Location: Vegetable ResearchTitle: ‘Jumping Jack’: Genomic microsatellites underscore the distinctiveness of closely related Pseudoperonospora cubensis and Pseudoperonospora humuli and provide new insights into their evolutionary past
|NOWICKI, MARCIN - University Of Tennessee|
|HADZIABDIC-GUERRY, DENITA - University Of Tennessee|
|TRIGIANO, ROBERT - University Of Tennessee|
|BOGGESS, SARAH - University Of Tennessee|
|KANETIS, LOUKAS - Cyprus University Of Technology|
|OJIAMBO, PETER - North Carolina State University|
|CUBETA, MARC - North Carolina State University|
|SPRING, OTMAR - Goethe University|
|THINES, MARCO - University Of Hohenheim|
|RUNGE, FABIEN - Idexx Laboratories|
Submitted to: Molecular Plant Pathology
Publication Type: Peer Reviewed Journal
Publication Acceptance Date: 5/2/2021
Publication Date: 7/14/2021
Citation: Nowicki, M., Hadziabdic-Guerry, D., Trigiano, R.N., Boggess, S.L., Kanetis, L., Wadl, P.A., Ojiambo, P.S., Cubeta, M.A., Spring, O., Thines, M., Runge, F., Scheffler, B.E. 2021. ‘Jumping Jack’: Genomic microsatellites underscore the distinctiveness of closely related Pseudoperonospora cubensis and Pseudoperonospora humuli and provide new insights into their evolutionary past. Molecular Plant Pathology. 12:686759. https://doi.org/10.3389/fmicb.2021.686759.
Interpretive Summary: Downy mildews are plant pathogens that require living host tissue to grow and reproduce. Two of these pathogens, Pseudoperonospora cubensis and P. humuli cause considerable economic losses of cucurbits (cucumber, melon, squash, and watermelon) and hops through crop loss and costs associated with crop protection. The taxonomic descriptions of these pathogen species have been revised several times based on the emerging phytopathological, epidemiological, and molecular evidence. Several studies have discussed the critical need for a comparative molecular population-genetics approach to investigate and help determine if the two species are distinct. Extensive comparative population genetics research is lacking for the two species. Therefore, an international team that included ARS scientists used microsatellite markers (SSRs) to assess genetic diversity and spatial distribution, to infer evolutionary history of P. cubensis and P. humuli, and to visualize genome-scale organizational relationship between both pathogens. The study found high genetic diversity, modest gene flow, and presence of population structure, particularly in P. cubensis. In summary, our population genetics study on the taxonomic identity of closely related downy mildew pathogens P. cubensis and P. humuli using SSRs provided the definite proof for the separation of both species. The data accrued allowed novel insights into the evolutionary history, reliably separating the P. cubensis samples from cucumber from those of other cucurbits, as well as P. humuli from hop. Lastly, leveraging the ability of SSRs to differentiate and host information allows replacement of the current resource-intensive bioassay based pathotyping of P. cubensis isolates.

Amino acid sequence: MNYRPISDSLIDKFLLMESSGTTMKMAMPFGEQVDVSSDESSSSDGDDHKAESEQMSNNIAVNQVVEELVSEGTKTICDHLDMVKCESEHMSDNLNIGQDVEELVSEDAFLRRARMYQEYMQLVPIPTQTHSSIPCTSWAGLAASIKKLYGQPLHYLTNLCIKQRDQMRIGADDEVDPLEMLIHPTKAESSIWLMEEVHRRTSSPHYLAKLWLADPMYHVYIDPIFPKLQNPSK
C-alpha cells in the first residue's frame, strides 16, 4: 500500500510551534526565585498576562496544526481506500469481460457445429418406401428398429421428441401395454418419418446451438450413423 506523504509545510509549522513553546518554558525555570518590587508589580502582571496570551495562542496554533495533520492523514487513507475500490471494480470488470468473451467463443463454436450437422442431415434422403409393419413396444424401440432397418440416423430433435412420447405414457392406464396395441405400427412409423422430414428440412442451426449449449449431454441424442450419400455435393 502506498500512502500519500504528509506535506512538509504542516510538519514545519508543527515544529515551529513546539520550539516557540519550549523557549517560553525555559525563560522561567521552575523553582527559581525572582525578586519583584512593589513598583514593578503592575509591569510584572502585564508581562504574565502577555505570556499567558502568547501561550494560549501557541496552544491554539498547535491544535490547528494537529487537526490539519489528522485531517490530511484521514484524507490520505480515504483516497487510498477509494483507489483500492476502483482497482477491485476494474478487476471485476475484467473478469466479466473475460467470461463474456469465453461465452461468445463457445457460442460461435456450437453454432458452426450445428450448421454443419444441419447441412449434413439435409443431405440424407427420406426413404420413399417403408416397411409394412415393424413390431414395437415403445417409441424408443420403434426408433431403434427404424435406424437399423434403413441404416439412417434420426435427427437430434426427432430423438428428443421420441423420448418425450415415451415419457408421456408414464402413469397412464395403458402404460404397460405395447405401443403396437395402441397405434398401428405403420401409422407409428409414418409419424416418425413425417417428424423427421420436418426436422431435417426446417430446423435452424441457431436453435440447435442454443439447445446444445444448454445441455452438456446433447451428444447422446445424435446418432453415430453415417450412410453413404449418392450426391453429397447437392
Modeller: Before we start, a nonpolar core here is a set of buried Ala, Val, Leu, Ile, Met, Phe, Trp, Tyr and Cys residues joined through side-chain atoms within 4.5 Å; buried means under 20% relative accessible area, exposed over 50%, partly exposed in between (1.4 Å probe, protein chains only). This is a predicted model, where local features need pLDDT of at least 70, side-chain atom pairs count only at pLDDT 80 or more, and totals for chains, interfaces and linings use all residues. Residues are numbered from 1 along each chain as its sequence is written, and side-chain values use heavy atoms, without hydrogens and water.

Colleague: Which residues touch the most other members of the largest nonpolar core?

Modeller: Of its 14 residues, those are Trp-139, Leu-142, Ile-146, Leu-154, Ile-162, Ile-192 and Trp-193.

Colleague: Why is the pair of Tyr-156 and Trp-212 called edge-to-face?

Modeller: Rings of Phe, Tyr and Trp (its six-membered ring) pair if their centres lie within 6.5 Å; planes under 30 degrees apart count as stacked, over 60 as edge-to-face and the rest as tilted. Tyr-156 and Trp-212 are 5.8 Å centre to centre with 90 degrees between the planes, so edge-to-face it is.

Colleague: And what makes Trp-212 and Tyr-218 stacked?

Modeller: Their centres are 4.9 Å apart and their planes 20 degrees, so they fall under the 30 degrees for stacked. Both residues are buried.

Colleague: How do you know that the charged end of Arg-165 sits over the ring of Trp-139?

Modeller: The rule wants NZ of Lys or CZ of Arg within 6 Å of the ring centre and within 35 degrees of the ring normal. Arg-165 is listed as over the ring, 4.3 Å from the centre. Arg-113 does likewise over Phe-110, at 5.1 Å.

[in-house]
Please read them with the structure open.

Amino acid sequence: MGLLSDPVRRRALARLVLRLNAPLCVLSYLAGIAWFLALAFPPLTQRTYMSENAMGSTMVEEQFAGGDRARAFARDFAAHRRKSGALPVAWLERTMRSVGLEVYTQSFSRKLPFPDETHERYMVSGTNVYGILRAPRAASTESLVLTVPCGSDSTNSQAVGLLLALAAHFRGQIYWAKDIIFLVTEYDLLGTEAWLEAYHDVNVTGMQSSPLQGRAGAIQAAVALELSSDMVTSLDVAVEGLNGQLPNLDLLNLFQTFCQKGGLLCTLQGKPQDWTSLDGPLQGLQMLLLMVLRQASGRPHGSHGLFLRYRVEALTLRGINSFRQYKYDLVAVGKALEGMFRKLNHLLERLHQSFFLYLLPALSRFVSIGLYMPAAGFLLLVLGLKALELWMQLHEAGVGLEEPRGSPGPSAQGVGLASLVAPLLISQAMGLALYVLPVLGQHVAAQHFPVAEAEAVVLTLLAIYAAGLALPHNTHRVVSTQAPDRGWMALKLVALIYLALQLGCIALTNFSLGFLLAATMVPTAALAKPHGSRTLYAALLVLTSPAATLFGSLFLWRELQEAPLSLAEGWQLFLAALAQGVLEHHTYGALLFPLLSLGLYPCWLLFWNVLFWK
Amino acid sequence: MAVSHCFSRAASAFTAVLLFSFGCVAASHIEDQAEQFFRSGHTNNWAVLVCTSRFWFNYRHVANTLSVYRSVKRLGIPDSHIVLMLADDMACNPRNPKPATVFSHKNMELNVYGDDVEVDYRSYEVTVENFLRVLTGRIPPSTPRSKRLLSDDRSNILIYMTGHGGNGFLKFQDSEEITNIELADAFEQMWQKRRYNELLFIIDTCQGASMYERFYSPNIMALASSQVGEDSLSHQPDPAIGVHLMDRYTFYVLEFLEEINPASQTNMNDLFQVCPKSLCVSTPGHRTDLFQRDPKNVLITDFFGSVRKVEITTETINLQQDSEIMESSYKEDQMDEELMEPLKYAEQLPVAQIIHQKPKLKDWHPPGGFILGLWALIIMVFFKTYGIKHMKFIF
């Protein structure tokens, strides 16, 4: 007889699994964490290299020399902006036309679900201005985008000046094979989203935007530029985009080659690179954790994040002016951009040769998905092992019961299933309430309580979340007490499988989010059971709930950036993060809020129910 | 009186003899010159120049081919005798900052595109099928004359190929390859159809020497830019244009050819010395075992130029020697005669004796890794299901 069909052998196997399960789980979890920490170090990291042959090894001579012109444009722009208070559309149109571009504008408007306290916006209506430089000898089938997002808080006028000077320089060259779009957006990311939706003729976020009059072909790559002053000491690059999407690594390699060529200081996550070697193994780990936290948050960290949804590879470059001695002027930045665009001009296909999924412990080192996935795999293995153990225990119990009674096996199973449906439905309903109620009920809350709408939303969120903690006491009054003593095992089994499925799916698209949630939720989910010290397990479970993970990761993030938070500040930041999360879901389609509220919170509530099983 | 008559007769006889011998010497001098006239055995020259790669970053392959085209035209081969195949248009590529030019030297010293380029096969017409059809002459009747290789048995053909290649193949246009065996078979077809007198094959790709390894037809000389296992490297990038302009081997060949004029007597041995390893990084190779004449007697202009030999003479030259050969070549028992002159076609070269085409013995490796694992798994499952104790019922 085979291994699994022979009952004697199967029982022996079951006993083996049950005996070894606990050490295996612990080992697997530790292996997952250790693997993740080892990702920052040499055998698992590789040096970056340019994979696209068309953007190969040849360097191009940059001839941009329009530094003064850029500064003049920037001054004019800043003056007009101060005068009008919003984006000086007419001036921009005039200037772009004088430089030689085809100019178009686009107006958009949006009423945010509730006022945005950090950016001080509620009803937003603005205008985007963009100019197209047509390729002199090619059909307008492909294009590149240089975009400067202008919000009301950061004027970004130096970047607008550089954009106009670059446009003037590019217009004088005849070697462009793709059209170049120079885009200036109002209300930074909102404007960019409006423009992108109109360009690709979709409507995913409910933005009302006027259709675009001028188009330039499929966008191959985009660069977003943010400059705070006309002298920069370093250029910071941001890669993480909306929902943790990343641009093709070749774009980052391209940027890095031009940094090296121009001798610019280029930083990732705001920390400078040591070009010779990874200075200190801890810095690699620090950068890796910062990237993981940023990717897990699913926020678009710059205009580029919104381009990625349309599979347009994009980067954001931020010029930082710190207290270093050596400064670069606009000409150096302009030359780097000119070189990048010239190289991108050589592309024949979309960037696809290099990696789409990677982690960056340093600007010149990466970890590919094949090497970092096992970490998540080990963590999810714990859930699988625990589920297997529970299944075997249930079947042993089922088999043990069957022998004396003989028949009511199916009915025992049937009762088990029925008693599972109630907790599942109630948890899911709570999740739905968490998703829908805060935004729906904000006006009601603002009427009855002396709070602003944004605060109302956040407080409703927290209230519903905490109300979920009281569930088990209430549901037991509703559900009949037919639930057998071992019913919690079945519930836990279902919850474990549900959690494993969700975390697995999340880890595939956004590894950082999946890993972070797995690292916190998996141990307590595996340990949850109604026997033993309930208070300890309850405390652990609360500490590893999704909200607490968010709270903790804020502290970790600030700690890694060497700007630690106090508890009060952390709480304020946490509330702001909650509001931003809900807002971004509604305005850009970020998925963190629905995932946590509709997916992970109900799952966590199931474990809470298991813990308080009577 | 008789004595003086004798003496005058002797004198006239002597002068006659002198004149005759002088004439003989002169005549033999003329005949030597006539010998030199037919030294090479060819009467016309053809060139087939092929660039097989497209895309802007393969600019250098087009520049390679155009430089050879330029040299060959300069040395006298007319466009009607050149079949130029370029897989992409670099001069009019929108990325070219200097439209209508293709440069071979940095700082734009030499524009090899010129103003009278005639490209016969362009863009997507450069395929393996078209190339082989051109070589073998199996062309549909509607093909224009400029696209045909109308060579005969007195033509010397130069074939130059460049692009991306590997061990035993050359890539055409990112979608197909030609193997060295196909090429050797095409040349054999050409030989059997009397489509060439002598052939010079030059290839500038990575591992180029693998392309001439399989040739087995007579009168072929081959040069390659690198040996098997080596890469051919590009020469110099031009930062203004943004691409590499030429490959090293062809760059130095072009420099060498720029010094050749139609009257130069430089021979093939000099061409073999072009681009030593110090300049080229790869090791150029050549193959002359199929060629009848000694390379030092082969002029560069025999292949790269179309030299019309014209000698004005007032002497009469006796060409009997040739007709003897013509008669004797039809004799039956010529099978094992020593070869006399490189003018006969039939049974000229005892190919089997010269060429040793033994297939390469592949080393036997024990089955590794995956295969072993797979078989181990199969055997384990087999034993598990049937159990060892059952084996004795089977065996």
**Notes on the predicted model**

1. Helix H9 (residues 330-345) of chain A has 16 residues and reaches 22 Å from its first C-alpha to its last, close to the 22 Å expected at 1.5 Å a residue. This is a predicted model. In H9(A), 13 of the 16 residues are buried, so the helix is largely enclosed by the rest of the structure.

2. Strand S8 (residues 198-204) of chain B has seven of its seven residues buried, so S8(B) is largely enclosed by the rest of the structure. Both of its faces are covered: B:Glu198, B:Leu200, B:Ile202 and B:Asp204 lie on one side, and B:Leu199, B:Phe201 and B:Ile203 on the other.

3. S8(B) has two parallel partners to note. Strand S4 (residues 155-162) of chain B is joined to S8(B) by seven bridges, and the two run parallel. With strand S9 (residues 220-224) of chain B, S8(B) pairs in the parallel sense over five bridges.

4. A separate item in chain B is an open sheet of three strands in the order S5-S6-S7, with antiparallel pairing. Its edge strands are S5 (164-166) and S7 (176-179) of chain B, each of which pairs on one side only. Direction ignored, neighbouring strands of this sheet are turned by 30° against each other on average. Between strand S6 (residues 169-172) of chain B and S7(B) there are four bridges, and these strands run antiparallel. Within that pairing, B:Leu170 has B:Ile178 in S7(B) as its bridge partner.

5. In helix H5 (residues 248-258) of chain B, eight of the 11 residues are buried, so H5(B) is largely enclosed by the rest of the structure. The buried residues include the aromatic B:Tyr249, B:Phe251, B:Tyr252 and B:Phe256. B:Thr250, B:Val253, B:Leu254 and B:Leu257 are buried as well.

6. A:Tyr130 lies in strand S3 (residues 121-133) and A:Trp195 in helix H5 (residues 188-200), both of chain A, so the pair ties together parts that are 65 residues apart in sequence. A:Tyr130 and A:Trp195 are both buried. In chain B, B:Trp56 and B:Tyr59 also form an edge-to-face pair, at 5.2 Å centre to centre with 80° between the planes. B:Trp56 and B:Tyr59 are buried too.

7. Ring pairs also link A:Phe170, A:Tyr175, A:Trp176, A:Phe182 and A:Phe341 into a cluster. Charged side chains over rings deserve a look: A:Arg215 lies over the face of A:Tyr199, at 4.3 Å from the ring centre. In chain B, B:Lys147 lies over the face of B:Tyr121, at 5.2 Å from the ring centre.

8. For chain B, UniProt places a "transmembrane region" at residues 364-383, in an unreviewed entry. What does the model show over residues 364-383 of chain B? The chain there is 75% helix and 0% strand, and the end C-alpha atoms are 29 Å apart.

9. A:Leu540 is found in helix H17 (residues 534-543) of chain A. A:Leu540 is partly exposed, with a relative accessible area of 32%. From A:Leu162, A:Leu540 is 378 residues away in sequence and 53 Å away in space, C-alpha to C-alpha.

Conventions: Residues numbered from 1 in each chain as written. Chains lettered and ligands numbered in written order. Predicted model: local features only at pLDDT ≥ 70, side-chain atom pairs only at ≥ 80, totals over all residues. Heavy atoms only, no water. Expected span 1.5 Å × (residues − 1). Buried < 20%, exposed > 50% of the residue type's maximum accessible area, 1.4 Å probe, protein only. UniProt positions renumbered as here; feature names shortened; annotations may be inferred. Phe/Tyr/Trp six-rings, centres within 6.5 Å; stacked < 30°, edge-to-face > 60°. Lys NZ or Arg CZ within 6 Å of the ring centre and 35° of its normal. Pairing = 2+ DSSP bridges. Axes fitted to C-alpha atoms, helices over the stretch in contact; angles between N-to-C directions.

Technical Abstract: Downy mildews caused by obligate oomycetes result in severe crop losses worldwide. Among these pathogens, Pseudoperonospora cubensis and P. humuli, two closely related species, adversely affect cucurbits and hops, respectively. Discordant hypotheses concerning their taxonomic relationships have been proposed based on phytopathological evidence and gene sequences of few individuals, but population genetics evidence for this taxonomic claim is missing. Further, nuclear and mitochondrial regions of both pathogens have been analyzed using microsatellites and other molecular methods, but extensive comparative population genetics research is still lacking. Here, we genotyped 129 current and historical herbarium specimens of the two species using microsatellites (SSRs). Our goals were to assess genetic diversity and spatial distribution, to infer evolutionary history of P. cubensis and P. humuli, and to visualize genome-scale organizational relationship between both pathogens. High genetic diversity, modest gene flow, and presence of population structure, particularly in P. cubensis were indicated. When tested for cross-amplification, 20 out of 27 of P. cubensis-derived SSRs cross-amplified DNA of P. humuli individuals, but only few produced amplification products with downy mildews from related genera. Comparative genomics analyses of the available draft genome sequences evidenced synteny at both the genomic DNA and the translated sequence levels, with tandem repeats expansion in the P. humuli genome. Collectively, our analyses provided a definite argument for the hypothesis that both pathogens are distinct species.